How to Deal With Money You Inherited

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If you are in line to inherit money, you need to carefully consider your options and determine your next move. How you handle an inheritance can make a huge difference in how long the money lasts, and how large your nest egg can grow. How you handle the money you inherit depends on a number of different issues, including your overall financial situation and what you need the money to do.

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Things You'll Need

  • Financial statements
Step 1

Consult with your CPA or tax preparer to determine how much you might owe in taxes. Put some money from the inheritance aside to pay that tax bill.

Step 2

Assess your current net worth by adding up the assets you own and subtracting out your liabilities. Your assets include the value of any stock and mutual fund holdings, as well as retirement savings and the equity in your home. Liabilities include things like your home mortgage, car loans and any personal loans.

Step 3

Decide what you need to get out of the inheritance money, and how much risk you can afford to take with those funds. If you need to keep the money safe while generating current cash flow, putting the money in certificates of deposit or government bonds can be a good choice. If you are looking for long-term growth instead of current income, investing part of the inheritance in a widely diversified stock portfolio or index mutual fund is a good choice.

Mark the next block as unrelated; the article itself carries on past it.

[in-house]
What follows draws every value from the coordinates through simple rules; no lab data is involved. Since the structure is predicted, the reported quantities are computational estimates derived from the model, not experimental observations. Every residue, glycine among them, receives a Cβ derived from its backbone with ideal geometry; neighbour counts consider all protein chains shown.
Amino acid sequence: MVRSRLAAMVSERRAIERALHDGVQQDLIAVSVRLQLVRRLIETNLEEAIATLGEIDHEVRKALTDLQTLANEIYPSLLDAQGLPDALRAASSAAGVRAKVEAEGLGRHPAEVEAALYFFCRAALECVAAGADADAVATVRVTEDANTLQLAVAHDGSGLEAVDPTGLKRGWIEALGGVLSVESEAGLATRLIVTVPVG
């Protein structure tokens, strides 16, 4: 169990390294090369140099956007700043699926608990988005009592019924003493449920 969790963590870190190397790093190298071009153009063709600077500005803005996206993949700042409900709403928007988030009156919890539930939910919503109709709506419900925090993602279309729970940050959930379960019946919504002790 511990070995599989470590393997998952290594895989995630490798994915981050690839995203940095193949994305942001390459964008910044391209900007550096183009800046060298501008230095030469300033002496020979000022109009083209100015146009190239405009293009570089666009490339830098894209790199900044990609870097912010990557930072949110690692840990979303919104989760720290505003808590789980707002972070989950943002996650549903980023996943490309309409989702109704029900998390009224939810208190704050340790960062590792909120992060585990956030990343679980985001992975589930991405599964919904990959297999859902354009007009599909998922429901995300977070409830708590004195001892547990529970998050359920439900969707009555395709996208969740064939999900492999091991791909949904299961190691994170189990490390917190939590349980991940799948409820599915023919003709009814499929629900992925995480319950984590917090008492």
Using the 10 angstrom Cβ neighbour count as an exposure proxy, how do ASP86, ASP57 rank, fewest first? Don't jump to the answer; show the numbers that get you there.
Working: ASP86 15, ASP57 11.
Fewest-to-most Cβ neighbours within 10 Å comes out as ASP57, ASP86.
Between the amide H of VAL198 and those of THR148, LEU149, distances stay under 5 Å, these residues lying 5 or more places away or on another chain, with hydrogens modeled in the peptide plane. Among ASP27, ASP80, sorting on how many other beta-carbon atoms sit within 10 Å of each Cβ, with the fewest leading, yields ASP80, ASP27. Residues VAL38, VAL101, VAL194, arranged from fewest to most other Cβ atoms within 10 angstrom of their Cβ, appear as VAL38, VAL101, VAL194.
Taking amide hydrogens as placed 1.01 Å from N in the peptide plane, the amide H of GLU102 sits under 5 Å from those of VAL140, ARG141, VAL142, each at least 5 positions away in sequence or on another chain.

Step 4

Contact the mutual fund company or brokerage firm where you currently have your investment account and discuss options for bringing the inheritance money into that account. Discuss any fees or costs associated with the account. If you are transferring a large amount of money you should be able to avoid any administrative fees that would otherwise apply.

Step 5

Choose a variety of investments for your inheritance money, based on your own needs and tolerance for risk. If you have a long time horizon and seek long-term growth, a portfolio tilted more toward stocks might be best. If you need safety and current income, a portfolio of short-term government bonds, money market instruments and CDs would be best.

References

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